Mitsubishi outlines new U.S. comeback plan
U.S. strategy keys: 3 new vehicles, higher local output
Photo credit: HANS GREIMEL
TOKYO -- Mitsubishi Motors Corp. has had a dismal year.
Its U.S. lineup dropped four mainstay vehicles, U.S. sales have plunged 29 percent, market share has shriveled to 0.4 percent from 0.7 percent and it is tied with Fiat for the industry's most unsold inventory at a 133-day supply as of Nov. 1.
Moreover, its i electric vehicle, envisioned as a halo car to tout Mitsubishi's advanced technology, is a flop.
But President Osamu Masuko isn't discouraged. He has a U.S. comeback plan that aims to boost sales 45 percent to 80,000 units in the next fiscal year, from a projected 55,000 in the one ending March 31.
Masuko wants to pump up Mitsubishi's eviscerated lineup with two new vehicles next year and a third in 2014, and ramp up local production.
He has appointed a new North American boss and is targeting annual sales of 100,000 as early as 2014. Above all, Masuko says, Mitsubishi has no plans to follow fellow Japanese niche player Suzuki Motor Corp. in exiting U.S. auto sales.
"We have no intention whatsoever of withdrawing from the U.S. market," Masuko told Automotive News. "The U.S. market is a very important market."
Mitsubishi President Osamu Masuko’s U.S. comeback plan aims to boost sales 45 percent to 80,000 units in the fiscal year ending March 31, 2014.
The first step to rekindling growth is building the lineup.
Mitsubishi will start selling the redesigned Outlander crossover in the United States in July and begin importing the Mirage small car from Thailand in September, Masuko said. The plug-in hybrid version of the Outlander crossover will go on sale in the United States in January 2014, he said.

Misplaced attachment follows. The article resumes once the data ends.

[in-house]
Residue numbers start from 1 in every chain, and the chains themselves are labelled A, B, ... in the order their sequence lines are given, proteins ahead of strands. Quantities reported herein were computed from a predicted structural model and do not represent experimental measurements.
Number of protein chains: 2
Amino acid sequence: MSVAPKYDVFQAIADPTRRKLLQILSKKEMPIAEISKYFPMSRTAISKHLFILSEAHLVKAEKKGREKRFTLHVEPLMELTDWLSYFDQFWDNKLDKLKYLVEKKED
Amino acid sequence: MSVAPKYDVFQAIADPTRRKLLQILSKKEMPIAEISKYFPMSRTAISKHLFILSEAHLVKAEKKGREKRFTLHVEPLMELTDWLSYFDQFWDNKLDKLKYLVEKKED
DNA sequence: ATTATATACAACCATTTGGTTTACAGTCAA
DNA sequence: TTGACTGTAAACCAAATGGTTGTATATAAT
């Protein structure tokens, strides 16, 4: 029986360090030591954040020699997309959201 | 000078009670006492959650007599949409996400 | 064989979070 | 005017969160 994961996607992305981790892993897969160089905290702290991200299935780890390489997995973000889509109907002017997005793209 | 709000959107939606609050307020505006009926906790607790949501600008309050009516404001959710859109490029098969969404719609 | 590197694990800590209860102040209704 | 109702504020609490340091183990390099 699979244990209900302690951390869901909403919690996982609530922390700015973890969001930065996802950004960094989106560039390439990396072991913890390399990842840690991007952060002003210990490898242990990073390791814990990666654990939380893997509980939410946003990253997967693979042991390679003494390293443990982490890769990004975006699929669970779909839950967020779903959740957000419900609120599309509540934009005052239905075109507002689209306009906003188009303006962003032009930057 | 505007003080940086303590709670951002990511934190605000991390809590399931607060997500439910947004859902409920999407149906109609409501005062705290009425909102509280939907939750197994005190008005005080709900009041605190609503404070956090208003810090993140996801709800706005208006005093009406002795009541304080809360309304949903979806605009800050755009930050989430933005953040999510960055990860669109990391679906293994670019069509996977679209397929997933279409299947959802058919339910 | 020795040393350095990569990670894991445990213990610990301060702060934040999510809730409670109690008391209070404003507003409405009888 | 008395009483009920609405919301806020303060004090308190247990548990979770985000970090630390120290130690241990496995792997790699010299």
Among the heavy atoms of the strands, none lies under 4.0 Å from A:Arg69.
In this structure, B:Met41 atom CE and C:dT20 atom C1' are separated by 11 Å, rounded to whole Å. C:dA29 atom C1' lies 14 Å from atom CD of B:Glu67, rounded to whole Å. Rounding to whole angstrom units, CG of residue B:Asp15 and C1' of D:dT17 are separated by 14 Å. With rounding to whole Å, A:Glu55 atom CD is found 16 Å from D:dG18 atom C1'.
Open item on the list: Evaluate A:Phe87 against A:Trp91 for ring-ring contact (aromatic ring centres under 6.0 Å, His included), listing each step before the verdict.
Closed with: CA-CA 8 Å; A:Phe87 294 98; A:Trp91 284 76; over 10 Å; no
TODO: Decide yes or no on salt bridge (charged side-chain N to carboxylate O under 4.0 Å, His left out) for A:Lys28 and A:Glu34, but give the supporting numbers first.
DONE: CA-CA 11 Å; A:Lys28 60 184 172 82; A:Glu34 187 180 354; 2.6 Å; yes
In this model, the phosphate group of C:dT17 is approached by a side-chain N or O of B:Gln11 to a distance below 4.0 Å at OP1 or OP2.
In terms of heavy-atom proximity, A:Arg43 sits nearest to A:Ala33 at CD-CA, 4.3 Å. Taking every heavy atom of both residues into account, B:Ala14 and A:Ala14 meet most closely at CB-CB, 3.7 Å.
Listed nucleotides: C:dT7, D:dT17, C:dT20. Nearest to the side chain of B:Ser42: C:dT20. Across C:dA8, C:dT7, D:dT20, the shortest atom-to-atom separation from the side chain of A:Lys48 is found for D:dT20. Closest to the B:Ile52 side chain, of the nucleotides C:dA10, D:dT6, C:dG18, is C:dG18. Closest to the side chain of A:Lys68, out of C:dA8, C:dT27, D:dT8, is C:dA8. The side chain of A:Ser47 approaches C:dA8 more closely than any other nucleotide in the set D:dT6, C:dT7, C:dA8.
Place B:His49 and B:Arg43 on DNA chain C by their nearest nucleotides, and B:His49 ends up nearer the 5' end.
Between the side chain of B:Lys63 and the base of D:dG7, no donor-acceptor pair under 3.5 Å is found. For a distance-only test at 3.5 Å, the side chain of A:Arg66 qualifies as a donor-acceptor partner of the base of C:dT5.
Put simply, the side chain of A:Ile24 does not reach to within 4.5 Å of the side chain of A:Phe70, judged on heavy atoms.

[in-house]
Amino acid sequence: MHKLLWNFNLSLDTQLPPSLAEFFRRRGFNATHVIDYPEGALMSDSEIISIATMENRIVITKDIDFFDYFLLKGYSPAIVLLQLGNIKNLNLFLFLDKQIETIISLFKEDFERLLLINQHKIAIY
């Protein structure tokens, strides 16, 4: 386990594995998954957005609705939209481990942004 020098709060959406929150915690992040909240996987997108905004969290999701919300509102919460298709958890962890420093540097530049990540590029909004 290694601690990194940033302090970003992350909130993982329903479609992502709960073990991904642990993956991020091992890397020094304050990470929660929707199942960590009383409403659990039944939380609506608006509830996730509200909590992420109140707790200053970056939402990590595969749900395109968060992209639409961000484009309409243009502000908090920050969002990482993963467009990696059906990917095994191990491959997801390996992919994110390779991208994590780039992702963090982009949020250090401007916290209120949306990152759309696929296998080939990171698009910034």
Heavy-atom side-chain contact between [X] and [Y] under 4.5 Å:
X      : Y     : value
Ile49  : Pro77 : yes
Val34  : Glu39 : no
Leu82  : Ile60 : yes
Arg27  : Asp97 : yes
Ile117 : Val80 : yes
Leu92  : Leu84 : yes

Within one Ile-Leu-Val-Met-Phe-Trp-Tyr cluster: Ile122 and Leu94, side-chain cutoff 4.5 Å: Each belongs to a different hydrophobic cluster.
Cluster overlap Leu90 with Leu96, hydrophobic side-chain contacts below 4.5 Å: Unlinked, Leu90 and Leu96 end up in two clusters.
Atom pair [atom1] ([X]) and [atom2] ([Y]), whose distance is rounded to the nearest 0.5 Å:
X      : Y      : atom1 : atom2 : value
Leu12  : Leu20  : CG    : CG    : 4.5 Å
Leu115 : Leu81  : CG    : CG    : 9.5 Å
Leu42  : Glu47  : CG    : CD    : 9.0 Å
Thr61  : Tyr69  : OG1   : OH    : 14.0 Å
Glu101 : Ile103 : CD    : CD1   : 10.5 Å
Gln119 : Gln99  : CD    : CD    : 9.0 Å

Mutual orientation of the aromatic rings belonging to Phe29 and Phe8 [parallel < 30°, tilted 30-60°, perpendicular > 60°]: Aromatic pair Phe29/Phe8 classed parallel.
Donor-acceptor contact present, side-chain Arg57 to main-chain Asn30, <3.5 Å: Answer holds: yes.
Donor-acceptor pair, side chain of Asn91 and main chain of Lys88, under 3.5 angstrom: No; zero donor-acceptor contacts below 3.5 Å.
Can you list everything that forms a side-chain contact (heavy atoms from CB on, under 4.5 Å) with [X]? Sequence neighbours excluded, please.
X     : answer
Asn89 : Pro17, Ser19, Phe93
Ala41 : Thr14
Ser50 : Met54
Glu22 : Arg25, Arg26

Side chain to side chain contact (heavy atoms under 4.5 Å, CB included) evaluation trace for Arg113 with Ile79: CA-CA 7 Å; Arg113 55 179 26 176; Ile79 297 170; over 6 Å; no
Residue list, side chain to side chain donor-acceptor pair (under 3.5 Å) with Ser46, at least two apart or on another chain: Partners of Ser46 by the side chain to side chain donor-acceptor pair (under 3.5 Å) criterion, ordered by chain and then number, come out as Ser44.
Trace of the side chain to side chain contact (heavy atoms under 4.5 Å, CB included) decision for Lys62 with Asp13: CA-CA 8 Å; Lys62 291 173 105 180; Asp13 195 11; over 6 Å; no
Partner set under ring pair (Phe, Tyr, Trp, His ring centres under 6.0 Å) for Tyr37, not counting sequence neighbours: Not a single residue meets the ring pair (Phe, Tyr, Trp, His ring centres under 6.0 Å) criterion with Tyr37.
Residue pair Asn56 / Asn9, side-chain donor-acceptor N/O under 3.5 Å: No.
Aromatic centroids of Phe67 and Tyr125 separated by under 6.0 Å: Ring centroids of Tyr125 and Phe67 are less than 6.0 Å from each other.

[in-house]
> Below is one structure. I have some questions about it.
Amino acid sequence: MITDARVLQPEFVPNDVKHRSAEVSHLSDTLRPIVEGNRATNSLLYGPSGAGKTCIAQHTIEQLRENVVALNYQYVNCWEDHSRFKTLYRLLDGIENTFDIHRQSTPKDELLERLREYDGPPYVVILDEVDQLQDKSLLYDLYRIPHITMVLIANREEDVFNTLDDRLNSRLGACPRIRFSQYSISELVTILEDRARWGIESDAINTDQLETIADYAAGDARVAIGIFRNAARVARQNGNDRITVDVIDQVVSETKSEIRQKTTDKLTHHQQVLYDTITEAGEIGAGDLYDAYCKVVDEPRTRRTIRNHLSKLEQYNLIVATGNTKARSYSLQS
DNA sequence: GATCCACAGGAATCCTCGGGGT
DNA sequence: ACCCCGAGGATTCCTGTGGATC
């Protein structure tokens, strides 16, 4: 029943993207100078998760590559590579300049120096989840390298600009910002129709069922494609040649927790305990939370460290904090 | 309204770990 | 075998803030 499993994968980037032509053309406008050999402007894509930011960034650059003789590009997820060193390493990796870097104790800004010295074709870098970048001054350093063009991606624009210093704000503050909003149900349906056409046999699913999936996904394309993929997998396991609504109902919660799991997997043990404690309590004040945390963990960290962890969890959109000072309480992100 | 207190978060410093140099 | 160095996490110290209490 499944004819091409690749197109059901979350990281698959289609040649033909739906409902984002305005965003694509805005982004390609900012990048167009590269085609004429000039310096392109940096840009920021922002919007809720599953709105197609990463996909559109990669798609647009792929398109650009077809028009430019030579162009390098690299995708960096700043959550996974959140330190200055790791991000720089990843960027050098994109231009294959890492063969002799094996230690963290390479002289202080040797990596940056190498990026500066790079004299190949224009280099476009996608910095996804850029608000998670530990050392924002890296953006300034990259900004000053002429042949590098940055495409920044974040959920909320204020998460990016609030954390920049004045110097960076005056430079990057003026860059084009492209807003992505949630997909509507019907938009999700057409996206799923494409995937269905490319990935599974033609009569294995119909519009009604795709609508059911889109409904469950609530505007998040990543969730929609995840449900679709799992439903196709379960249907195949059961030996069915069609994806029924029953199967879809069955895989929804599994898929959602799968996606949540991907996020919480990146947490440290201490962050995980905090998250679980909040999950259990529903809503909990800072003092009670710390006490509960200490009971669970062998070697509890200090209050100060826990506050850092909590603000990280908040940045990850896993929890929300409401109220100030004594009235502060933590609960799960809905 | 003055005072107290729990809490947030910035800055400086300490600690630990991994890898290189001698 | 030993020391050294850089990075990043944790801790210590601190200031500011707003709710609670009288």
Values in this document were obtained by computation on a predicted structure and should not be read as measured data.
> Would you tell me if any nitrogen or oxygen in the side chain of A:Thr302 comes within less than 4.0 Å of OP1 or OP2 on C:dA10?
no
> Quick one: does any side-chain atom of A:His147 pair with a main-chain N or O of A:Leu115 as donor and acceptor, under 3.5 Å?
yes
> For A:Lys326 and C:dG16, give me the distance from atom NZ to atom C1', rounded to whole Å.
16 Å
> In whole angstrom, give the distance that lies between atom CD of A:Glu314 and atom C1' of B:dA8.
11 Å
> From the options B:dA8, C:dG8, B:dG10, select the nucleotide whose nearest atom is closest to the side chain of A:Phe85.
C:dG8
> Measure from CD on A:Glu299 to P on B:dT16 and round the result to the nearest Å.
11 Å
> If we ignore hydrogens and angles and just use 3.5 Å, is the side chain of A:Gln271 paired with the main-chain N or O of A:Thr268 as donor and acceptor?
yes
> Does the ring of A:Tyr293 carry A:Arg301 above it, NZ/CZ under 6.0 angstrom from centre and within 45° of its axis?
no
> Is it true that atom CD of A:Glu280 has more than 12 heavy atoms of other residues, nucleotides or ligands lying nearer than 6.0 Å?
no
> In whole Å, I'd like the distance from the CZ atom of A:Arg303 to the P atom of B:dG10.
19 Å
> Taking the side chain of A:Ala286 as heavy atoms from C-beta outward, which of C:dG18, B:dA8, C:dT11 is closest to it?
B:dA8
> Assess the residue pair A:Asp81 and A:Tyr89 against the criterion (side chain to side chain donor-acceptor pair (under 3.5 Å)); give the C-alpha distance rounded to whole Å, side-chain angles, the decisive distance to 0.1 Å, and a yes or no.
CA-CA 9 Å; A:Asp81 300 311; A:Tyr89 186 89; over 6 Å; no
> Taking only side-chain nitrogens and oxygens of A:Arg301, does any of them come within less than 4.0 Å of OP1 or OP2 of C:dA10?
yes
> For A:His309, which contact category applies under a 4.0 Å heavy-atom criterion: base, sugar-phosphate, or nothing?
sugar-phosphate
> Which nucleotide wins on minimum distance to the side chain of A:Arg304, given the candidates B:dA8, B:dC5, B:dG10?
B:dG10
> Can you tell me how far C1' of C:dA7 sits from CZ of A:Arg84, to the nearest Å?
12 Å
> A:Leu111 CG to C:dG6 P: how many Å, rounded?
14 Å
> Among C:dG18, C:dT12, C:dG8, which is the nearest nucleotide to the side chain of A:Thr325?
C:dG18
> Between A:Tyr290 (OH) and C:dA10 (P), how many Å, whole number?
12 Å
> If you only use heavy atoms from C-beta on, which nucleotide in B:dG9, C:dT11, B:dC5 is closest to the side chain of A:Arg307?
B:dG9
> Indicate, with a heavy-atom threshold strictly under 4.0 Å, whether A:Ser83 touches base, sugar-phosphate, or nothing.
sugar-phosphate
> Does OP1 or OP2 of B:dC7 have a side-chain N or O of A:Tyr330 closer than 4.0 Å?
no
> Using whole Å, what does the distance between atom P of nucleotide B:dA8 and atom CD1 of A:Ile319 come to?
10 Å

"What we have to do is to provide these dealers with attractive products," he said. "If you don't provide dealers attractive products, they are not going to invest in their dealerships."
Masuko's comments were Mitsubishi's first confirmation that the pint-sized Mirage hatchback would make it stateside. Masuko said the company had delayed a decision because brisk demand was causing supply constraints at its Thailand plant.
The plant is running "at full capacity of 150,000 units. And even at that level, it's not keeping up with orders," Masuko said. "So in mid next year, we are going to increase the capacity of the Thailand plant from 150,000 vehicles to 200,000 units."
Mitsubishi also plans to boost production at its Normal, Ill., plant that makes about 50,000 Outlander Sport small crossovers a year.
Masuko intends to increase output to 70,000 units next year, with production supporting increased exports to markets such as Russia, Latin America and the Middle East. "This was a very big decision for us," Masuko said. "We're going to have an export base in the United States."
Mitsubishi's U.S. sales fell 29 percent to 50,103 through October. Among Japanese brands, only Suzuki sold fewer.
Mitsubishi's U.S. sales slide follows the discontinuation of four main vehicles: the Eclipse coupe, Eclipse Spyder convertible, Galant sedan and Endeavor crossover.
To lead the rebound, Masuko last month named Gayu Uesugi chairman of Mitsubishi Motors North America.
The move was part of a new strategy to dedicate a board member to each of three critical regions where Mitsubishi aims to boost its business, Masuko said. The other regions, China and Japan, were assigned board members as lead troubleshooters.
Uesugi will give up his duties as head of product development, research and cost control to focus exclusively on North America, Masuko said. He will likely be based in Illinois to be close to Mitsubishi's factory.
Masuko also said the upcoming Mirage will get an electric vehicle variant. But that car is unlikely to make it to the United States, where the i has sold only 469 units through October, compared with earlier projections for 20,000 a year.
Mitsubishi has no plans for an EV successor to the i and will likely shift its focus toward plug-in and traditional hybrids.
"Rather than EVs," Masuko said, "we have greater expectations for plug-ins in the United States."
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